I really love to host digital content in particular because there’s a certain freedom that comes with it. I don’t always have to be prim and proper like sometimes I do need to do for TV. I can be me — loud, goofy, and incredibly dorky. I never want to have two different personas — one for the public eye, and then a private. On social media, what you see is exactly what you get. Digital content has allowed me to love myself even more.

Prashad plans to continue in the industry for the foreseeable future. She recognizes the impact of being an Indo Caribbean woman at the forefront of media and defines her success as “…I can continue to represent my culture and how I make others feel.” Her best moments are connecting with others through their lived experiences and offering a different lens on growing up in Canada. 

How did you feel breaking into the industry as a woman of color? 

What a great feeling that was, and even better, being an Indo Caribbean woman. I went through my fair share of hardships. I’ve faced racism, sexism and bullying throughout my journey of getting to where I am today. But, I have stood up for myself every single time. I will never allow myself to be walked all over.  And believe me, people have attempted MANY times. But I pick myself back up and continue along my way.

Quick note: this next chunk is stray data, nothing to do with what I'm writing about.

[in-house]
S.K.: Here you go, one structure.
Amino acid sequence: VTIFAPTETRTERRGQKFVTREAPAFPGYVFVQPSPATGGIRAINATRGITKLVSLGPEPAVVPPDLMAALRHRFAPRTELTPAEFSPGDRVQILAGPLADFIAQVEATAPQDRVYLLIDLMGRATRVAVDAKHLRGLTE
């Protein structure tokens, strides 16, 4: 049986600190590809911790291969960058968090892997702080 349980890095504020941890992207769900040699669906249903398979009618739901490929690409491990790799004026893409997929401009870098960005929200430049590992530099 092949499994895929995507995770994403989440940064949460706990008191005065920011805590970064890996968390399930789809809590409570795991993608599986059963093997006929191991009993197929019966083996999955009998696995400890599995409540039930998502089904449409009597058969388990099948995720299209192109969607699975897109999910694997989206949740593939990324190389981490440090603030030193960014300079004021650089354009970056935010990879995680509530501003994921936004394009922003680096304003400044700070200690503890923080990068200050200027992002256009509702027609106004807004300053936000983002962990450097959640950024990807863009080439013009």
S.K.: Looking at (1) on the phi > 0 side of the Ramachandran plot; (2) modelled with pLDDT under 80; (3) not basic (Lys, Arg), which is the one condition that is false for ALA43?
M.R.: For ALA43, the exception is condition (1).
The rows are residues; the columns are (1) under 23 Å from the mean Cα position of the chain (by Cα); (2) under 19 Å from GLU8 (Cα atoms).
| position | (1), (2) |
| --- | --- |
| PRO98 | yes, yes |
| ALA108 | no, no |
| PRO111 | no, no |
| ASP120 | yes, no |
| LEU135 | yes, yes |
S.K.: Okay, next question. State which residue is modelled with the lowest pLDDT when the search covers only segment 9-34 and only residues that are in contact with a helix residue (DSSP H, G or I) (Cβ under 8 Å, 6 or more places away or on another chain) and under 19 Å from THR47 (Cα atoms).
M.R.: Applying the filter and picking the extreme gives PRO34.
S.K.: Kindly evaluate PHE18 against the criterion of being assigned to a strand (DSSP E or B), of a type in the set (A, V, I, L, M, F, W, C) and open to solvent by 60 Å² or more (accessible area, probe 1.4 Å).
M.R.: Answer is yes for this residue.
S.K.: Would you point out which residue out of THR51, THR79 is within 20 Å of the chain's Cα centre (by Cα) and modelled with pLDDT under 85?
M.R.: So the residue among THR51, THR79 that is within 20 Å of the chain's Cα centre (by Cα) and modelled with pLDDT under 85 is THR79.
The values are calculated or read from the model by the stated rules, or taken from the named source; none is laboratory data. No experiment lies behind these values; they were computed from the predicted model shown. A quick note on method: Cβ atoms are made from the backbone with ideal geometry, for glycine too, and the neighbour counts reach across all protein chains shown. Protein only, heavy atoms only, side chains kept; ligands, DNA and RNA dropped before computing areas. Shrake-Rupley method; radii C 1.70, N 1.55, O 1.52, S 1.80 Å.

I think it really hit me that I was making an impact when I started to hear from people how much they related to my childhood stories, the way I was brought up, the movies I watched as a kid. It’s those moments that made me realize I accomplished my goal.


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How has your background influenced your interest in hosting and digital content production?

I never saw people like me in the media growing up. I always wanted to change that. I didn’t feel that I had anyone I could personally connect with when I watched TV. And to me that was always so mind blowing because the media, although so broad, is such a personal industry.